Being selected in the NHL Draft would be a dream come true for any hockey player, and going in the first round surely would make the “pinch me” moment even more surreal. Playing at the World Junior Championship is also high on the list of goals for any young Canadian hockey player.
Michael McLeod has already made the first dream a reality – he was the first GTHL alumnus selected in the 2016 draft, going 12th overall to the New Jersey Devils in June – and is well on his way to checking off the second achievement from his to-do list.
Earning a spot on Canada’s roster for this year’s World Junior Championship (in Montreal and Toronto from Dec. 26 – Jan. 5) would serve as a huge confidence boost as he sets his sights on a future with the Devils.
“It’s CHL players playing at an NHL pace, so it’s a fast tournament,” said McLeod after the first day of Hockey Canada’s under-20 development camp in July.
“I was talking to [Arizona Coyotes prospect] Dylan Strome and he was saying it was as fast as the NHL pre-season action he was a part of last year.”
While McLeod didn’t receive an invite to last year’s World Junior training session, he is no stranger to wearing the maple leaf in international competition, having represented Canada at the under-17 and under-18 tournaments in 2015 and 2016, respectively. He also was part of the country’s gold medal-winning entry at the Ivan Hlinka Memorial last August.
“It has helped me understand how things work,” McLeod said of his experience with the Canadian team. “You have to be on time, be a good person and be respectful. There are a lot of high expectations for everyone.
In addition to familiarity, the pressure of international tournaments is also eased with the comfort of reuniting with fellow GTHL alumni, like Strome and former Toronto Jr. Canadiens defenseman Jakob Chychrun.
“Everyone pretty much knows everyone,” McLeod said. “Since we started back in the U17s, it’s a lot easier when you come to the rink to see a lot of your friends, whether it’s guys from out west or the U18 experience.”
Chychrun, who joins Strome in the Coyotes system after being selected 16th overall in June, has been alongside McLeod in Hockey Canada’s Program of Excellence since they both played their final minor hockey games at Scotiabank Pond in 2014.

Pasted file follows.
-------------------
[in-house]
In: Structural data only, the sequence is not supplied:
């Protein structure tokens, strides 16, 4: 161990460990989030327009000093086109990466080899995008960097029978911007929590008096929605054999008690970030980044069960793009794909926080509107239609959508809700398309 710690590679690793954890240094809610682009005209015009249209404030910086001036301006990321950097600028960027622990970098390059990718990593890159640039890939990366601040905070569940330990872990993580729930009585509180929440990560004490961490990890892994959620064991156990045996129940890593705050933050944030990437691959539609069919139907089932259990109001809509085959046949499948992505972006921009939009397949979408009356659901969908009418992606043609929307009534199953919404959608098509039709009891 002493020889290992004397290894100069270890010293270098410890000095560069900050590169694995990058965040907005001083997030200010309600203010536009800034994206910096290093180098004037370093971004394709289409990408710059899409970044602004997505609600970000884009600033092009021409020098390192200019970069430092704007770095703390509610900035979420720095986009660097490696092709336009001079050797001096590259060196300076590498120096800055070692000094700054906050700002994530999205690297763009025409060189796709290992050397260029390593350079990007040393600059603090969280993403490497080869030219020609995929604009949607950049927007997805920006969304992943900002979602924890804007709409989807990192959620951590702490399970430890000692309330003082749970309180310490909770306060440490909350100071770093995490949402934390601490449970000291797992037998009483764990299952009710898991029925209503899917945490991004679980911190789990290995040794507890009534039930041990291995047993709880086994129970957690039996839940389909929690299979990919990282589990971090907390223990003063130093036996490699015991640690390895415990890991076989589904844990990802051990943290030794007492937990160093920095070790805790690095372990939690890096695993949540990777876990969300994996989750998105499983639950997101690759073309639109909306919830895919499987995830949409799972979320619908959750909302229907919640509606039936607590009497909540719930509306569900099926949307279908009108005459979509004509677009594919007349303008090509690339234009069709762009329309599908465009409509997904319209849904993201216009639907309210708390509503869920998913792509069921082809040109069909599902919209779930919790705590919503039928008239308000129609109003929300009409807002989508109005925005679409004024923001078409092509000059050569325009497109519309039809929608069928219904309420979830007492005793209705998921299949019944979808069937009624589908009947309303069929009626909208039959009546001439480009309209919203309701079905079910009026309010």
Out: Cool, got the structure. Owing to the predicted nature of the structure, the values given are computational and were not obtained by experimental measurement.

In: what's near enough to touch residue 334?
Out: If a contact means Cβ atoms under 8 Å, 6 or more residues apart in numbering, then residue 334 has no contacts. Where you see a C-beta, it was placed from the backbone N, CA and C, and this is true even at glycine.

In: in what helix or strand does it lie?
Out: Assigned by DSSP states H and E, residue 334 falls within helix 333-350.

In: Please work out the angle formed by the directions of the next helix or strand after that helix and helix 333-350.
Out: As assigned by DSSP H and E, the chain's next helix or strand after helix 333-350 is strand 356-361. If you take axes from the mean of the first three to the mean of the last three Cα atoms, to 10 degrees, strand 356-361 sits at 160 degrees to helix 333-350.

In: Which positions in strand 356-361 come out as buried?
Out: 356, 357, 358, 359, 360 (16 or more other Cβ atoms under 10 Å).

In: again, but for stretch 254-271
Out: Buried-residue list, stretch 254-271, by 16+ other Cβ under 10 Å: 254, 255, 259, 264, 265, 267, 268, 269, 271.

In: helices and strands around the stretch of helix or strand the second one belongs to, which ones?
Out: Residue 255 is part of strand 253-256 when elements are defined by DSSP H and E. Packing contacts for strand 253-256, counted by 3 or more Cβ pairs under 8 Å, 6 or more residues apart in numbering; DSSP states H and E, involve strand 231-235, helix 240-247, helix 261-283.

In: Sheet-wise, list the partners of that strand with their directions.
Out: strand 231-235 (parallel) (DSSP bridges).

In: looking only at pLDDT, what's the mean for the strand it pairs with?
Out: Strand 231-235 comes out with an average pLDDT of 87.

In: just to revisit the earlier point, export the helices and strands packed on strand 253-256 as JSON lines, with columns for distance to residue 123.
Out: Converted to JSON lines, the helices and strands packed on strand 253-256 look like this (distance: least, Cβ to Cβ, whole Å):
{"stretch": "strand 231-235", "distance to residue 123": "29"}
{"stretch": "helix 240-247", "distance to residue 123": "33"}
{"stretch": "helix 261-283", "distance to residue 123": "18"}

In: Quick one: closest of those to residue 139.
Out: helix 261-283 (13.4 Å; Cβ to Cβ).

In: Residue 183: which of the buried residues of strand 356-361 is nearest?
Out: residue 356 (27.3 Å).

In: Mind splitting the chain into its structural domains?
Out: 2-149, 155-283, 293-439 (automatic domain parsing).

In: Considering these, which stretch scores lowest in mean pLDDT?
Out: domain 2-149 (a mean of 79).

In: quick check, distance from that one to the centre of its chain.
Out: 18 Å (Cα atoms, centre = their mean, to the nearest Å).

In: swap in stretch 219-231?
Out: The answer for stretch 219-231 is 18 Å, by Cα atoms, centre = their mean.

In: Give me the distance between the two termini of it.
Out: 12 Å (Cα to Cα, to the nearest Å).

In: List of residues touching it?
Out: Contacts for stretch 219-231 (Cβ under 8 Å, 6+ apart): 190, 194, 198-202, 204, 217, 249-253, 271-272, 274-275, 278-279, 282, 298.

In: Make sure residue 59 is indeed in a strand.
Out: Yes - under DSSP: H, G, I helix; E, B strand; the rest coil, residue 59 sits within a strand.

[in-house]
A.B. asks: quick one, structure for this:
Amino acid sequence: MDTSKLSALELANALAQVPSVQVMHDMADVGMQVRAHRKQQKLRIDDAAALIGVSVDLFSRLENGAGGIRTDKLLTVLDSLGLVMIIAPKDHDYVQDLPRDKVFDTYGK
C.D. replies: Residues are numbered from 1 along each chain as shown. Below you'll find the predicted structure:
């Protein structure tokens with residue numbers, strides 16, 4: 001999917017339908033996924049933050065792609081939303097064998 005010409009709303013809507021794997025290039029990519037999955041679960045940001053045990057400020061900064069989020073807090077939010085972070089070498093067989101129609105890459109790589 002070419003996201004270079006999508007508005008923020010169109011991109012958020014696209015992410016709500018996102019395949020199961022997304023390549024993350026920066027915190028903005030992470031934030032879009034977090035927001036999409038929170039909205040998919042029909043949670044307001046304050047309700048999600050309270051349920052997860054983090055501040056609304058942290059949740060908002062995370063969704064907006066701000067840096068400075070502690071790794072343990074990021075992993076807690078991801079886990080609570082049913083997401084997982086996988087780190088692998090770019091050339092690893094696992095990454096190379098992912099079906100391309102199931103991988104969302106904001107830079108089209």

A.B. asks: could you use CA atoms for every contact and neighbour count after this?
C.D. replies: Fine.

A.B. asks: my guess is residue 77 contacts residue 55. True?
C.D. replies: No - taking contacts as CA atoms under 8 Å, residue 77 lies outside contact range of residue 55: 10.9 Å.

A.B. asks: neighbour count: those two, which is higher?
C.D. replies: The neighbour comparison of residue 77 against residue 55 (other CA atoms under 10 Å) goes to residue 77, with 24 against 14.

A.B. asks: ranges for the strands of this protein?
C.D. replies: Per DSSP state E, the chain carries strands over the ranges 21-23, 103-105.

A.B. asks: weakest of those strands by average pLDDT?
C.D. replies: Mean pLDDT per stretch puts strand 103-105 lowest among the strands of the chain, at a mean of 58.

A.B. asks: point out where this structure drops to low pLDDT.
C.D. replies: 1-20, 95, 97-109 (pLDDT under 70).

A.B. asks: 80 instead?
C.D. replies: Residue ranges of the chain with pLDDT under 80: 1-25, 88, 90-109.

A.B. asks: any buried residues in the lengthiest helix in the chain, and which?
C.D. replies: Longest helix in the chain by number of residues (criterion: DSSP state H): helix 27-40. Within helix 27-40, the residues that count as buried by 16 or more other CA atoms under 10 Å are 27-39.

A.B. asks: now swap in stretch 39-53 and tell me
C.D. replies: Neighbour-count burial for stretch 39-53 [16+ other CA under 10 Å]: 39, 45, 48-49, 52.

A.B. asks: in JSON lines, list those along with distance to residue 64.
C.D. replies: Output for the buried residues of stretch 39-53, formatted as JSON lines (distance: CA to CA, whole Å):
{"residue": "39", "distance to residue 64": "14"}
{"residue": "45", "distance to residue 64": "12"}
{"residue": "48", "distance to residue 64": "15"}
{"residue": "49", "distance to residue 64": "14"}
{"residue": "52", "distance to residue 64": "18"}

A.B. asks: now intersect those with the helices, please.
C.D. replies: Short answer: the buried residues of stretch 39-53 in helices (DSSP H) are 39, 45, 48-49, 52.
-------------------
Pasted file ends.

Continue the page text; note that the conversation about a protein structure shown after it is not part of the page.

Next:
“Every year you play for Canada as you get older, it becomes more and more important, especially the U20 tournament (because it’s) something Canada has always had pride in,” Chychrun said.
“It’s obviously magnified a lot more than the under-18s and you have to treat it with that much more passion while having that much more readiness.”
Chychrun credits the Toronto Marlboros alumnus for his speed, quickness and competitive spirit, and offered some words of advice for his former GTHL rival.
“He has to play his game and relax,” said Chychrun, who attended the camp in 2015 but was a late cut from Canada’s squad last December. “That’s one thing I’d take out of my first camp: focus on what you bring to the table.”
McLeod knows the puck is on his stick, so to speak.
“You have to have confidence in yourself and I’m feeling pretty confident with the work I’ve put in this summer. I think I’ve taken some big steps.”
“There are so many good players here so it’s kind of overwhelming at times,” added McLeod. “It’s cool to be playing with and watching these guys at the same time.”
The focus for McLeod, 18, now shifts to impressing Canadian management in the early stages of his third season with his hometown Mississauga Steelheads of the OHL.
If he does that, McLeod will fulfill yet another childhood dream, just down the road from where it all began.